(page 426)

Tilefish Lopholatilus chamaeleonticeps Goode and Bean 1879

[Jordan and Evermann, 1896-1900, p. 2278.]

Tilefish (Lopholatilus chamaeleonticeps)

Figure 221.—Tilefish (Lopholatilus chamaeleonticeps), off Marthas Vineyard. From Goode. Drawing by H. L. Todd.


The presence of a thin, high, fleshy, finlike flap on the nape of the neck in front of the dorsal fin, close behind the eyes, suggesting the adipose fin of the salmon tribe in its appearance though not in its location, serves to identify the adult tilefish at a glance among Gulf of Maine [page 427] fishes. In grown fish this flap is as high as the dorsal fin, higher than long, and rounded at the tip. In small fry it is relatively much lower. Equally distinctive, if less conspicuous, is a smaller fleshy flap situated on the side of the lower jaw close to the angle of the mouth, pointing backward (to be seen in the illustration, fig. 221). The large head is strongly convex in dorsal profile but nearly flat in ventral profile, with the eye high up, the mouth wide, and both the jaws are armed with an outer series of large conical teeth and inner rows of smaller teeth. The trunk (moderately flattened sidewise) is deepest close behind the head, tapering thence backward to the sidewise-flattened caudal peduncle. The spiny and soft portions of the dorsal fin are continuous, extending back from above the gill opening almost to the base of the caudal fin, as is the case in cunner, tautog, and rosefish. But the anal fin (14 or 15 rays) of the tilefish is about half as long as the dorsal fin, under the rear (soft-rayed) part of which it stands, and like the latter it is of nearly even height throughout most of its length except that its forward corner is rounded. The ventral fins are located below the pectorals, which are set low down on the sides, and both the pectorals and the ventrals are pointed. The gill covers, as well as the trunk, have moderately large scales.


This is a brilliant fish, bluish or olive green on the back and on the upper part of the sides, changing to yellow or rose lower down on the sides; its belly is of the latter tint with white midline. The head is tinged reddish on the sides; pure white below. The back and sides above the level of the pectorals are thickly dotted with small irregular yellow spots, which are particularly conspicuous below the adipose dorsal flap. The dorsal fin is dusky, marked with similar but larger yellow spots, its soft-rayed portion pale edged. The adipose flap is greenish yellow; the anal fin pale pinkish clouded with purple and with bluish iridescence; and the pectorals are pale sooty brown, with purplish reflections near their bases.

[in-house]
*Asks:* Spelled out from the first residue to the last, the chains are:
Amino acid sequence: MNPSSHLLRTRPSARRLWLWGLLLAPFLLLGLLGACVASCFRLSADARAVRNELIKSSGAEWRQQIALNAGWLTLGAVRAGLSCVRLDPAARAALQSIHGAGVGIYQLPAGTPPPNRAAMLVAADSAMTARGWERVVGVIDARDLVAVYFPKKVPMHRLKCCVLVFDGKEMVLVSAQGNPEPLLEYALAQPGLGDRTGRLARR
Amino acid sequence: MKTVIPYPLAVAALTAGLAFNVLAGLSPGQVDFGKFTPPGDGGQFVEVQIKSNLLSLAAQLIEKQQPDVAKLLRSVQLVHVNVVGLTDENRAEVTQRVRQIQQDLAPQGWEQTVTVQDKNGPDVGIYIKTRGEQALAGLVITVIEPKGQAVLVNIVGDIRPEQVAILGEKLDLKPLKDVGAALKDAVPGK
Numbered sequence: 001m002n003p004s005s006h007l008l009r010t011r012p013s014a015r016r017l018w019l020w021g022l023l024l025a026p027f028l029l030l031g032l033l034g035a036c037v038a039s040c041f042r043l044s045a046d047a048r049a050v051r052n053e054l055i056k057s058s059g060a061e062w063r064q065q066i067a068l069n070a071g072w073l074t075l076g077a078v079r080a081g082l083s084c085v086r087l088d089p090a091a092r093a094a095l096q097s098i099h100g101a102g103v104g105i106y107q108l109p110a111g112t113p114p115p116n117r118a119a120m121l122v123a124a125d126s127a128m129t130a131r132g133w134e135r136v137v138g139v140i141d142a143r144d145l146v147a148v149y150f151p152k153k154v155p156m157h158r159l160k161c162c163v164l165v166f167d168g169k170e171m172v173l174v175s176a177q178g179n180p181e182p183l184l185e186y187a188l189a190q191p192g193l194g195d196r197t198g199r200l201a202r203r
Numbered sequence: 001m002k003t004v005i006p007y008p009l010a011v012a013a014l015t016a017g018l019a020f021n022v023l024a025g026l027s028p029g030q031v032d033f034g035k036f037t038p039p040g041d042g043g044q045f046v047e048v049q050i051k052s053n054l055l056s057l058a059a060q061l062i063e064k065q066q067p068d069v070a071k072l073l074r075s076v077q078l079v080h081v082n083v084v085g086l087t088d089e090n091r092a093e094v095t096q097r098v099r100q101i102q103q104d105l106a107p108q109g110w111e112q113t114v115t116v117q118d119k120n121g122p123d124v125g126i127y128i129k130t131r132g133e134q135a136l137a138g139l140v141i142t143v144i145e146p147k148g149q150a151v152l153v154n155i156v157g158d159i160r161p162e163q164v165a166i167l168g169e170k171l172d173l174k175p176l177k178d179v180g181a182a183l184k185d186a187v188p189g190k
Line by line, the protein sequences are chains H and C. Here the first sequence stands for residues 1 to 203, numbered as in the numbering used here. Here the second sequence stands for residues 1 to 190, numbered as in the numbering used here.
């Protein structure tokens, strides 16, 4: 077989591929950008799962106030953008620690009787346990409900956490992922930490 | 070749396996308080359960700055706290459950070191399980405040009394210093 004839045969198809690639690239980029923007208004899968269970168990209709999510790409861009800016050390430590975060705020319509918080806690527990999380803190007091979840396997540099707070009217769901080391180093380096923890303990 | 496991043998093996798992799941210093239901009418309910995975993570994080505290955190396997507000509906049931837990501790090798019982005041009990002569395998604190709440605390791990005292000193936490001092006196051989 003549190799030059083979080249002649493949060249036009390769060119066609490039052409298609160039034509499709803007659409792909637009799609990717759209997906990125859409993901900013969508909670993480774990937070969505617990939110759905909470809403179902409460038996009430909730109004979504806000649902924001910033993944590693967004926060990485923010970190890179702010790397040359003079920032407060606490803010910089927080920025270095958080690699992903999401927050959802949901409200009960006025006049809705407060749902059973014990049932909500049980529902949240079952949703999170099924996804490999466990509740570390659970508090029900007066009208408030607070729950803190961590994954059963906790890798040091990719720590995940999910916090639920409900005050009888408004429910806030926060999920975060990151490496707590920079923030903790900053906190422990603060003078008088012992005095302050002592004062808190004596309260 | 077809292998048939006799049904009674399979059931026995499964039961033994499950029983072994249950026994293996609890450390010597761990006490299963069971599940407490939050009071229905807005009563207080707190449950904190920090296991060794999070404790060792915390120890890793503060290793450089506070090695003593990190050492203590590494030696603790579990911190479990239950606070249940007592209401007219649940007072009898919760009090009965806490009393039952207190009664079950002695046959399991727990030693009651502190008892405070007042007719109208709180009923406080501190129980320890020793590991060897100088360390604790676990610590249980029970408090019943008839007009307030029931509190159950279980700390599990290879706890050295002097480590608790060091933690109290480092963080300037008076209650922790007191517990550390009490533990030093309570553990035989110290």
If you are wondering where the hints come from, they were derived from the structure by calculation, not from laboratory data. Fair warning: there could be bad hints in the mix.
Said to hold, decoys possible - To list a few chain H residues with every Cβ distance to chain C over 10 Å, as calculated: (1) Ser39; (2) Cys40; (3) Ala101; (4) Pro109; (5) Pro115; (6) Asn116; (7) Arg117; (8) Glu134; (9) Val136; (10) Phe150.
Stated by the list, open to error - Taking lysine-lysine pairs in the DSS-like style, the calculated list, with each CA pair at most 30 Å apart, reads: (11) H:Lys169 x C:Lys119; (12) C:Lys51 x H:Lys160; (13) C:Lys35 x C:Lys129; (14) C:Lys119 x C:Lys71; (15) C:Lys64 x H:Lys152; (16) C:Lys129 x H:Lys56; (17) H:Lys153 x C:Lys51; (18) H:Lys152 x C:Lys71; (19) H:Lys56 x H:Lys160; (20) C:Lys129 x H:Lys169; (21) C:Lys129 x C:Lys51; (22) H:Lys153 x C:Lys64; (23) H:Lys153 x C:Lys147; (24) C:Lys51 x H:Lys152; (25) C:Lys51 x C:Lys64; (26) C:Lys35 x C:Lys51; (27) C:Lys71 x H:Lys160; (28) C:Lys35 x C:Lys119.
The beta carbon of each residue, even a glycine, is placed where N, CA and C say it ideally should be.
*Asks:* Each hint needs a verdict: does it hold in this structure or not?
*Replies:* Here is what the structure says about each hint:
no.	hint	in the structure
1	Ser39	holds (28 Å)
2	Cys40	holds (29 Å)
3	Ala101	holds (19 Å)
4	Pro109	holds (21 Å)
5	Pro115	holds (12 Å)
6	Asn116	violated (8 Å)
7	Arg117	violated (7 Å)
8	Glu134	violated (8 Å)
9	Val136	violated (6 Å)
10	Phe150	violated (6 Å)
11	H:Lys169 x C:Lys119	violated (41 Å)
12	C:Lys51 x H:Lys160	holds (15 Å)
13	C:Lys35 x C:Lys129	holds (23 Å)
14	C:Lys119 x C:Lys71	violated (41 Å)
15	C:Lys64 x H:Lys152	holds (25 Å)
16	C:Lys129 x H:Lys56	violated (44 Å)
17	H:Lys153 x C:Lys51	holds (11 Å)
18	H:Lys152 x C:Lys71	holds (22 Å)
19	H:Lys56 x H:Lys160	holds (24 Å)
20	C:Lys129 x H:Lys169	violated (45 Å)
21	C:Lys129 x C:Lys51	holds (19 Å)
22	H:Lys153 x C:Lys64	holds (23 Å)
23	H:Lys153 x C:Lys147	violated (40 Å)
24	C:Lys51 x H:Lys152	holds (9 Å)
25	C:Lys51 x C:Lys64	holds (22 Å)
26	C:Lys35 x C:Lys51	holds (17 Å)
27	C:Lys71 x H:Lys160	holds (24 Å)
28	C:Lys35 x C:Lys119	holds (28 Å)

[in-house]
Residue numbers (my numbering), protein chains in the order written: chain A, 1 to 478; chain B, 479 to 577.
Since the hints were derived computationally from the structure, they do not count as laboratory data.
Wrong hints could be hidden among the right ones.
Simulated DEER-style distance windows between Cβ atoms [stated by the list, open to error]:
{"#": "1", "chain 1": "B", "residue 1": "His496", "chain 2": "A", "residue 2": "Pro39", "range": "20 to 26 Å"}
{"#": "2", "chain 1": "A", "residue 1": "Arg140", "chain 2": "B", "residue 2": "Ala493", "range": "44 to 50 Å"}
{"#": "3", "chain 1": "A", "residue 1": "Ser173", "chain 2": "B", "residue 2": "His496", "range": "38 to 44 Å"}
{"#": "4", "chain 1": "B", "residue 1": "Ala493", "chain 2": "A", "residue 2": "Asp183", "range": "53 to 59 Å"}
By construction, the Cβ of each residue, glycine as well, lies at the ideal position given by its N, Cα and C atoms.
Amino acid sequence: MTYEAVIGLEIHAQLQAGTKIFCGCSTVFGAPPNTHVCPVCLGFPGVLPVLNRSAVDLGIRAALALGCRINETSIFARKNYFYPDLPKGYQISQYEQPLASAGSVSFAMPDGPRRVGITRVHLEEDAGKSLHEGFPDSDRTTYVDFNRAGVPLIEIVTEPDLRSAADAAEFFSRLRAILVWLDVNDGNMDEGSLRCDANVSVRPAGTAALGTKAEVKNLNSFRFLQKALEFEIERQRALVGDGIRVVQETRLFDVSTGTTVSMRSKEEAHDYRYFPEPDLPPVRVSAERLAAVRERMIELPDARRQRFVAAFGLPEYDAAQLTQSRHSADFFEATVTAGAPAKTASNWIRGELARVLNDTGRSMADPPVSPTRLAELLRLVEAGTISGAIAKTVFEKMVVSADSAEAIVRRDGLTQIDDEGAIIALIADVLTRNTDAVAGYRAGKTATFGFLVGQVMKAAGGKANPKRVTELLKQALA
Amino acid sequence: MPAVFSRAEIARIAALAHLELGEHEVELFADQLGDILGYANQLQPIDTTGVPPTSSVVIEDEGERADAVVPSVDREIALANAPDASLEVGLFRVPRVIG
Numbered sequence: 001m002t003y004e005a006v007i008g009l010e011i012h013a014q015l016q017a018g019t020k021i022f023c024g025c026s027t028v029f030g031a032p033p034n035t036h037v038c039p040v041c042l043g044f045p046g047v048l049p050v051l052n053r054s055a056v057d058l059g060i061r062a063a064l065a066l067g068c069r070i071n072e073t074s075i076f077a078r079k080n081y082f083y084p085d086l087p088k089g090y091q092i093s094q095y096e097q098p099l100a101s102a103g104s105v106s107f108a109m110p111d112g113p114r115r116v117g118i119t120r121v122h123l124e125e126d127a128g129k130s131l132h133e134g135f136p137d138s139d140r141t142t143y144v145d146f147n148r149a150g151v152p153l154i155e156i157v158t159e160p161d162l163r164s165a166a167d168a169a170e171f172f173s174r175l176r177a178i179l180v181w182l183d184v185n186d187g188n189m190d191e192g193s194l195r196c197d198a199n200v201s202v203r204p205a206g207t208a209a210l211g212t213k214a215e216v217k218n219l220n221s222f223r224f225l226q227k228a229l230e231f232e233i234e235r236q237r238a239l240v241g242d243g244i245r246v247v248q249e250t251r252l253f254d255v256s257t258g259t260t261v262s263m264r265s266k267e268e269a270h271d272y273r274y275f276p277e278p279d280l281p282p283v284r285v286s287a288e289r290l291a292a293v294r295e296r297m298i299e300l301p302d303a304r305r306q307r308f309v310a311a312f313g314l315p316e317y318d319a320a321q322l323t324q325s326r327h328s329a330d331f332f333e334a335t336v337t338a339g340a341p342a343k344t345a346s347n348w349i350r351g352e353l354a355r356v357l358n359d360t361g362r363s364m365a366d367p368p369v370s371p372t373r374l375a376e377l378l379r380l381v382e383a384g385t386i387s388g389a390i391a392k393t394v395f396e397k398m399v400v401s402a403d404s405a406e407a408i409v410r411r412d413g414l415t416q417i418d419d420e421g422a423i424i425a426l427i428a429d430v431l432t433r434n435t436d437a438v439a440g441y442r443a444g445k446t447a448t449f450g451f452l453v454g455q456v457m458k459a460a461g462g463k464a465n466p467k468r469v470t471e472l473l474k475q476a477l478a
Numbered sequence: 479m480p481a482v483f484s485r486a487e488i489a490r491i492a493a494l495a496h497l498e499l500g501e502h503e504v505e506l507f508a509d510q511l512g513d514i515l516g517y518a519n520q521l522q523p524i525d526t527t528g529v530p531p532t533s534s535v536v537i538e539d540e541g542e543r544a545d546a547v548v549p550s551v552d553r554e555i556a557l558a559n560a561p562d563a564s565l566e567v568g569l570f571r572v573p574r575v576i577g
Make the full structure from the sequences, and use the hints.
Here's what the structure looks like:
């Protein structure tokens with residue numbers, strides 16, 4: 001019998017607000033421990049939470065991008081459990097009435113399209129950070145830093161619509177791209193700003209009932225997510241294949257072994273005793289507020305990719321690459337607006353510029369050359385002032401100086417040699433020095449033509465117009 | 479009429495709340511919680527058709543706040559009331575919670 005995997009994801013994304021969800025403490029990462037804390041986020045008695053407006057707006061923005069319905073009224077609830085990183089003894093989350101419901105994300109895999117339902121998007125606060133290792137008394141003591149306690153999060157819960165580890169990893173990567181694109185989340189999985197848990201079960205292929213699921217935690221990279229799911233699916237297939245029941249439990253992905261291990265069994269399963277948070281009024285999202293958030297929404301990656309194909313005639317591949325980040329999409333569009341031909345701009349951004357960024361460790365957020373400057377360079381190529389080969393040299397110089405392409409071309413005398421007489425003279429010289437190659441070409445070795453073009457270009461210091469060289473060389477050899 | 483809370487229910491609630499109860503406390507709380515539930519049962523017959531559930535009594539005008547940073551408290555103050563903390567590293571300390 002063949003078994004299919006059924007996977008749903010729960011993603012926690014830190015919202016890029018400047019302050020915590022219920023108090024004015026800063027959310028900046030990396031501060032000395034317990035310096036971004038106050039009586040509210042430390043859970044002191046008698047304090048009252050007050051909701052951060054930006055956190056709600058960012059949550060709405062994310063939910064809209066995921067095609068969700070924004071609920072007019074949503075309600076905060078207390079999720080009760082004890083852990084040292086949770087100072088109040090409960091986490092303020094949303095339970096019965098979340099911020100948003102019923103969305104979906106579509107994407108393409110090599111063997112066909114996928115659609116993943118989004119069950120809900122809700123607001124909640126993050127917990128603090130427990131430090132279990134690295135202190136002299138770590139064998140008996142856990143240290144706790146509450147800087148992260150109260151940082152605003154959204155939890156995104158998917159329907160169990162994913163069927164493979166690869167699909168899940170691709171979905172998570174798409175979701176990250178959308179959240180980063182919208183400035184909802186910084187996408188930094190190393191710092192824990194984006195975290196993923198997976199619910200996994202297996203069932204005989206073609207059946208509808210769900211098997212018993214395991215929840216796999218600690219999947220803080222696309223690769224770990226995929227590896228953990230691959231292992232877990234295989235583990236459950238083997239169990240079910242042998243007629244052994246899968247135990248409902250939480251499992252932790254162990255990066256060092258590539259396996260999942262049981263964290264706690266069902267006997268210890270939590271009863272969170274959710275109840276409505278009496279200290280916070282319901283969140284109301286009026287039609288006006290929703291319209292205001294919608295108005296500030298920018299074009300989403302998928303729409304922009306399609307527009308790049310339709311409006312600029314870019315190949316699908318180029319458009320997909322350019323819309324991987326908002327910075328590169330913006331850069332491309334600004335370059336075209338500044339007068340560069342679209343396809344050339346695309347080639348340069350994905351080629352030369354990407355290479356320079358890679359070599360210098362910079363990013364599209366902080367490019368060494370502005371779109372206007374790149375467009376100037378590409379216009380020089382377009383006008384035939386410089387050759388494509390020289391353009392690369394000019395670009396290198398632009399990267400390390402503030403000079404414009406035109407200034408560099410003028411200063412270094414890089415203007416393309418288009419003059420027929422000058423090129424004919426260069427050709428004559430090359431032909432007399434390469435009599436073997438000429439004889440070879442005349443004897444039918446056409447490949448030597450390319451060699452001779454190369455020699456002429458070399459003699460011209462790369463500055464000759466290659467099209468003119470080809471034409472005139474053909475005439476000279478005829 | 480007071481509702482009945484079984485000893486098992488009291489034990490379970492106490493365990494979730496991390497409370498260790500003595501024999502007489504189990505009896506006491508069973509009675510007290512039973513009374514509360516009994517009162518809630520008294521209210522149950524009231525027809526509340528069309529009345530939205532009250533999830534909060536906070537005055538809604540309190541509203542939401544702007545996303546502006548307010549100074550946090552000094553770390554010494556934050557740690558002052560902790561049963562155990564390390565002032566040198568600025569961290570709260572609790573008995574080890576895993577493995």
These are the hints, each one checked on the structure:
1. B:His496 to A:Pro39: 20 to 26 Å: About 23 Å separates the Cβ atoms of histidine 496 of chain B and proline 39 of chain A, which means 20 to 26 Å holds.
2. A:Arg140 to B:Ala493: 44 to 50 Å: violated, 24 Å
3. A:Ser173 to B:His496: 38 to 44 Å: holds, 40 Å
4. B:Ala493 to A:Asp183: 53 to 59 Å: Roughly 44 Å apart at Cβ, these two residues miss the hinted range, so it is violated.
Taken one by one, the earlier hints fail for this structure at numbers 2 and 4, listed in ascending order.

Tilefish have been reported up to 50 pounds in weight, but this is unusual. The largest fish we have seen (an unripe female) weighed 35½ pounds and was about 42 inches (108 cm.) long. Measurements taken by Bumpus[99] and more recently by us on the Grampus show that a 40-inch fish may be expected to weigh about 30 pounds; fish of 33 to 36 inches, 20 to 21 pounds; and 30- to 32-inch fish, 17 to 18 pounds.


This is a bottom fish, and its depth range off our Atlantic coast is a very narrow one, none ever being taken shoaler than about 45 fathoms,[1] and very few much deeper than 100 fathooms. The deepest definite record with which we are acquainted is 170 fathoms (p. 428), and with the best fishing at 60-90 fathoms. In the Gulf of Mexico it has been caught at 90 fathoms. The thermal range to which the tilefish is exposed, normally, is very narrow also, for the temperature of the bottom water along the zone inhabited regularly by it varies only between about 47° and about 53°, in most years, summer or winter. And it appears to be very sensitive to chilling; [page 428] this having been the probable cause of a mass destruction of tilefish that took place in 1882 (for further discussion, see p. 429). It is not known whether the tilefish is equally sensitive to high temperatures, in any case it could escape such by descending to a greater depth.